Staged contest shows when kids recognize complex emotions
- Children start to recognize "achievement pride" at age 4 and 5
- This is a great age for parents to help them set and achieve goals
- It's also an important developmental stage for learning to identify and process emotions
A group of preschoolers were given one shot to beat the world's fastest builder of block towers.
Unbeknownst to the children, it had already been decided who would capture the victory and who would see it slip away.
The losers shook it off without it ruining their mood.
The winners - even the two-year-olds - showed some obvious swagger: heads held high, chests puffed out, hands on hips in a victorious power pose.
But here's the thing - children show emotions much younger than they understand them. That's why the psychologists who staged the contest asked the children afterward to choose from a set of four pictures the one that best shows how they feel.
The children involved in the study recognized pride in other people at age four. They could see it in themselves at age five.
That gives parents a timeline for when children are ready to learn important coping skills.
"When parents talk to their kids about emotions, those children demonstrate better emotional regulation as they get older," said BYU psychology professor Ross Flom.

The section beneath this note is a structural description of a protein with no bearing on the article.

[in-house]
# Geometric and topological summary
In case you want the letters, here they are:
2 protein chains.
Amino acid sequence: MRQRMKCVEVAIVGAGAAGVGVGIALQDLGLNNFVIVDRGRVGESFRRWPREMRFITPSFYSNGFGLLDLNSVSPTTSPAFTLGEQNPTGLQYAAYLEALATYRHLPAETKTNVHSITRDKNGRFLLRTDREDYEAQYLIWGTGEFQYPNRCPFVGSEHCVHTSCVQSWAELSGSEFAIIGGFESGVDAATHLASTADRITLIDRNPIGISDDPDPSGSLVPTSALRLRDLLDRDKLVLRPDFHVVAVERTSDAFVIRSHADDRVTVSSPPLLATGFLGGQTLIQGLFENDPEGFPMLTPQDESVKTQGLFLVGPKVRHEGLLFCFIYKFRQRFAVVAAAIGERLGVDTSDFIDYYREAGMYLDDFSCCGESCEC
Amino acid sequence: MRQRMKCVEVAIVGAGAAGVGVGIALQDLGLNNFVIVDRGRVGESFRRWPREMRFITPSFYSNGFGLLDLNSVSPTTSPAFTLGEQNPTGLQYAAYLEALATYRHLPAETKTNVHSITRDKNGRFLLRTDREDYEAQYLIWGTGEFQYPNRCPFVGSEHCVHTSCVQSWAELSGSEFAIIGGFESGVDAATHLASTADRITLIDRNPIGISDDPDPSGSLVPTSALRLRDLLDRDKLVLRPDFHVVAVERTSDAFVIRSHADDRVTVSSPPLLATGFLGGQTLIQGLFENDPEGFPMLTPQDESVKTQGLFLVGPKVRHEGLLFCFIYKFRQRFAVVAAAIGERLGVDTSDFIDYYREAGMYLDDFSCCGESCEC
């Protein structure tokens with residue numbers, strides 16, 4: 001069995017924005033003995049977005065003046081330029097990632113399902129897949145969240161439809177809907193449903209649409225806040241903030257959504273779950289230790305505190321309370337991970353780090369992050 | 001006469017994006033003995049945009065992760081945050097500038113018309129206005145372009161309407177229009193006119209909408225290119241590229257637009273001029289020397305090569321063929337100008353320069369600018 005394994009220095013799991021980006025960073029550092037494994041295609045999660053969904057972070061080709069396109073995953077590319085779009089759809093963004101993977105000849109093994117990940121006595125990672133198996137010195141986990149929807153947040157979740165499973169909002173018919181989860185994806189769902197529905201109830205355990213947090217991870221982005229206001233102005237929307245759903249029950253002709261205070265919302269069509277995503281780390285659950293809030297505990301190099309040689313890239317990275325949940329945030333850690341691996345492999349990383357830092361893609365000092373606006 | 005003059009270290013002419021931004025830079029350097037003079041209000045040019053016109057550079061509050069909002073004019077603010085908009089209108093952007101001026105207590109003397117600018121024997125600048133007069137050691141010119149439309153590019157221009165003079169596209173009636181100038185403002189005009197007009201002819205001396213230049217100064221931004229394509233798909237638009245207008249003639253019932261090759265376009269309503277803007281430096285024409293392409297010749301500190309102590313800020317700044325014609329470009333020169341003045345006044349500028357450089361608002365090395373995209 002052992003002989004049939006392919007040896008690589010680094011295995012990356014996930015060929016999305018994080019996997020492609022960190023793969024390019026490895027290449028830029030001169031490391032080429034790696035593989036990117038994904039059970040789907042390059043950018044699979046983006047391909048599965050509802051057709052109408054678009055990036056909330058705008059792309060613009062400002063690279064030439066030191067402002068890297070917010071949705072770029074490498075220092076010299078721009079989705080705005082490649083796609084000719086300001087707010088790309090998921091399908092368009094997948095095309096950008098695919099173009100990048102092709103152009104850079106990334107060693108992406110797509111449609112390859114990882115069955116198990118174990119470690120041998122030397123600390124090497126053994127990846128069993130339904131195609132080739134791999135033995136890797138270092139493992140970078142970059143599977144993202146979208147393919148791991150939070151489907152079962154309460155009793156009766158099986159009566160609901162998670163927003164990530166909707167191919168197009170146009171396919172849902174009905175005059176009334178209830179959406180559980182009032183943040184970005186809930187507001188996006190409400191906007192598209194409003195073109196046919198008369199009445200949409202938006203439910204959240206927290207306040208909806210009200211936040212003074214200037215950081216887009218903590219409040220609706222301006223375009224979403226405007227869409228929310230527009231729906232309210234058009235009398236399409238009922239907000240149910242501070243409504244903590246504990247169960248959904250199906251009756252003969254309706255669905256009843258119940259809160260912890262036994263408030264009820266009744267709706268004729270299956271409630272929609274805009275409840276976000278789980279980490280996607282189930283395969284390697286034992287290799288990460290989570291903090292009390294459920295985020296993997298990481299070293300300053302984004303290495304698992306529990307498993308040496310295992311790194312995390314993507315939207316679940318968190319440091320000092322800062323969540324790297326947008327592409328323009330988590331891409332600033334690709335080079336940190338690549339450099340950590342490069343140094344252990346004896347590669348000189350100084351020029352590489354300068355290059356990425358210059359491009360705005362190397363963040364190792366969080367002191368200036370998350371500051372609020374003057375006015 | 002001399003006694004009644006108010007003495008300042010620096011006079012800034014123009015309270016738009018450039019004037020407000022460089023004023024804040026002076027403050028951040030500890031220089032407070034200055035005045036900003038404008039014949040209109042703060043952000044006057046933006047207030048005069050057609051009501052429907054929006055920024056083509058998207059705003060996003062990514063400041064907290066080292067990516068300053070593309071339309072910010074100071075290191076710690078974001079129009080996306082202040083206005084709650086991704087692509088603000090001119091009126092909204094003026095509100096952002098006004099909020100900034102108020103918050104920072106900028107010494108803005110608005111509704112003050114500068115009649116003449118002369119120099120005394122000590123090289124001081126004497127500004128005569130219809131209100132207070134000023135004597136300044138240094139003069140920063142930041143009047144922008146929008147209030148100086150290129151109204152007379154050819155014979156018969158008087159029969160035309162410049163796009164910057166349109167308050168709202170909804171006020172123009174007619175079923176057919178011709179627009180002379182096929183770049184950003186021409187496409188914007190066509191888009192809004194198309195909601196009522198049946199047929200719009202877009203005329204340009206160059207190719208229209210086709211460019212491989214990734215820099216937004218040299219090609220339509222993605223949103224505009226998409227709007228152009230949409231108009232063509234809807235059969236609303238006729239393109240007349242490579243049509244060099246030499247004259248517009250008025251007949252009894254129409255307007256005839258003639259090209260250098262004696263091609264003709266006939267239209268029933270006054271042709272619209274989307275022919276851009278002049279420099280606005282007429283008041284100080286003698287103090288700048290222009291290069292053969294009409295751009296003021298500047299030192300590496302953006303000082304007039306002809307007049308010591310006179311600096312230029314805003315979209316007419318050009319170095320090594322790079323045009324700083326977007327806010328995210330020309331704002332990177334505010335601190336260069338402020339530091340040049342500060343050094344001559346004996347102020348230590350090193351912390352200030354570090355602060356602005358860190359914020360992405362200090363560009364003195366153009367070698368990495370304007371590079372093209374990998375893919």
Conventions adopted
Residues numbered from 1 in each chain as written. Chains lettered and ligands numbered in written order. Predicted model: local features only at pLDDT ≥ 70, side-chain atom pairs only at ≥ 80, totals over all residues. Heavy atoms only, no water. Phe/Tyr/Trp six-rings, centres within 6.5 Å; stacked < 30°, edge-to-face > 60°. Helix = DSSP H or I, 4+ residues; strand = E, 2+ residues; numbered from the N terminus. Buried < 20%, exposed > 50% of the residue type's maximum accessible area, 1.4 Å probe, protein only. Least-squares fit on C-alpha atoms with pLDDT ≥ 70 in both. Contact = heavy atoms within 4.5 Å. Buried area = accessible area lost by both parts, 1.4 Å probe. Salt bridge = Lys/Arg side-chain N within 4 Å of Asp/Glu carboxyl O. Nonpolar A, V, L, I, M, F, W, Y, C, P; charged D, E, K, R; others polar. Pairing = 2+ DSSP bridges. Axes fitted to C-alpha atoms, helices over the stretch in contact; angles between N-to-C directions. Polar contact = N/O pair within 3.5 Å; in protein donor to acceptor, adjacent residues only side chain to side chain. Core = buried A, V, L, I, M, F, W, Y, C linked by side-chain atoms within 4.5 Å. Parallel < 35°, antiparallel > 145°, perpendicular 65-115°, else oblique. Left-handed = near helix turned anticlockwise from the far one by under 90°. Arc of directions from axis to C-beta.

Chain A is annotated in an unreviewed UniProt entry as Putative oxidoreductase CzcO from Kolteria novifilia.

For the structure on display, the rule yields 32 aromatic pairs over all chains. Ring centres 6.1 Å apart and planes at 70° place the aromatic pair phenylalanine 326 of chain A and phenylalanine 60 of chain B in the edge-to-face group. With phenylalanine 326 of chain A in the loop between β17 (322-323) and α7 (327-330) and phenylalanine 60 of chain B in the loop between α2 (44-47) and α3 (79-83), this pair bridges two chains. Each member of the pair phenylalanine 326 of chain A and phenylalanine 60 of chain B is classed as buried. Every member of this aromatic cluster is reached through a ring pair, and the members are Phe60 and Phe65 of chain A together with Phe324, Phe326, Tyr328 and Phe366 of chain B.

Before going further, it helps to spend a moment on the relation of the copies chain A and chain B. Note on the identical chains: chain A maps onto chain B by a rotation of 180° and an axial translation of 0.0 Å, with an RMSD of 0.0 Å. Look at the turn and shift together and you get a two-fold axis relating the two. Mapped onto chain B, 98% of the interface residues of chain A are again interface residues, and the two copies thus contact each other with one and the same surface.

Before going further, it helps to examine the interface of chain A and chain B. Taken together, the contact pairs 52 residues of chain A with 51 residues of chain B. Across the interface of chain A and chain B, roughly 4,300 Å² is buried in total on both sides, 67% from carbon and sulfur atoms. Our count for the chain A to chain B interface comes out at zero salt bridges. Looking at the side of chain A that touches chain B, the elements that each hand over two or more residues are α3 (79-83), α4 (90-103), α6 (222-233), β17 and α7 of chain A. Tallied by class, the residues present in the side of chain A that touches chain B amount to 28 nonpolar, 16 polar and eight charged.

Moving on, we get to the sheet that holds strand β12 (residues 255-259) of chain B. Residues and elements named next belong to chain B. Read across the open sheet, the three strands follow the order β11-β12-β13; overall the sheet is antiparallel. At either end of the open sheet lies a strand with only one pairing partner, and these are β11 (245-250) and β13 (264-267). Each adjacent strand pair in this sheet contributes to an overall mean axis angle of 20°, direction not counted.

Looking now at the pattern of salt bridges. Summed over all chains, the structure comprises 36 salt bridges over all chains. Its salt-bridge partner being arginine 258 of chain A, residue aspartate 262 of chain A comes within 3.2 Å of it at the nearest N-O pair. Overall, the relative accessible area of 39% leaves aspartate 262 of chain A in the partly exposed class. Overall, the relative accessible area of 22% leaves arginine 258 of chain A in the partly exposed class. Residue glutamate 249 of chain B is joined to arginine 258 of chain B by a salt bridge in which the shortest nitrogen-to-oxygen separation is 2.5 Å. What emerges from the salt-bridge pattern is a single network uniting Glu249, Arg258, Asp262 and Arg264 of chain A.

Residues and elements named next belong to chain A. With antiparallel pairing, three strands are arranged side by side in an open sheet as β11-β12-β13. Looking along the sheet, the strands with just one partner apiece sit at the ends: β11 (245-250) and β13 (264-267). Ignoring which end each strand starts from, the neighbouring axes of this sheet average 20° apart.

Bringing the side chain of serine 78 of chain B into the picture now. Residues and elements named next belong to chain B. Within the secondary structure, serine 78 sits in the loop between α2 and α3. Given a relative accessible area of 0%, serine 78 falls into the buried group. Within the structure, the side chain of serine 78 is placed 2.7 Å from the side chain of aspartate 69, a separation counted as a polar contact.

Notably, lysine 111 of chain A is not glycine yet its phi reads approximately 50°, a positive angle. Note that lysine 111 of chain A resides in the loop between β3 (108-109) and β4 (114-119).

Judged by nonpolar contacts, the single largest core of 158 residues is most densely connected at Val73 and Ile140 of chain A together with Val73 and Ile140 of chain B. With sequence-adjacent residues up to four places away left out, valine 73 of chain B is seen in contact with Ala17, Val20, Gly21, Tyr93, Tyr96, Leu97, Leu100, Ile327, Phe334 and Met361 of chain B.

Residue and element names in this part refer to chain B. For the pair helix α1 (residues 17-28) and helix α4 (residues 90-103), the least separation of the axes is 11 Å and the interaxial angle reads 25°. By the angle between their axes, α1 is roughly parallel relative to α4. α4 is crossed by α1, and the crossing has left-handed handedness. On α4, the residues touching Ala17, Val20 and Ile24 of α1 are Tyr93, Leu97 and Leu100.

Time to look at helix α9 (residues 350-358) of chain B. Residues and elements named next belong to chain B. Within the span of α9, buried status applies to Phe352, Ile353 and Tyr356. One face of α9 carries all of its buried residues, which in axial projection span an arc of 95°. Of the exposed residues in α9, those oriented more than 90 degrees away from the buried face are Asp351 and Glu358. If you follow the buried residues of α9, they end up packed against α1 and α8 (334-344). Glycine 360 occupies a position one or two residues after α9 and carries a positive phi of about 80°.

This means as children reach age four, they are ready for conversations about feelings to move beyond happy, sad or afraid. Parents can help them learn and navigate more complex feelings like pride, optimism, disappointment and frustration.
Flom mentored two BYU students on the project, Darren Garcia and Rebecca Janis. Garcia is the lead author of the newly published study. He's also a father who learned in this study how important it is for children to accomplish goals.
"One thing I learned from this research is how important it is for us to develop clear standards and goals with children that are doable yet challenging," said Garcia, who is now pursuing a Ph.D. at the University of Tennessee.
Janis graduated from BYU and is now pursuing a Ph.D. in clinical psychology at Penn State University.
Both students also authored a 2014 study with Flom that found infants are more likely to remember the good times.
Mentored research opportunities are a big reason why BYU is ranked so highly as a Ph.D. launch pad. According to the National Science Foundation, BYU ranks fifth in the country for the number of graduates who go on to receive doctorate degrees.
"Once I started doing research with Ross, I realized that I loved research, which is what influenced me to go into a research Ph.D.," Janis said. "I had several really great mentors at BYU who took an interest in me personally and helped me gain the experience I needed to succeed in graduate school."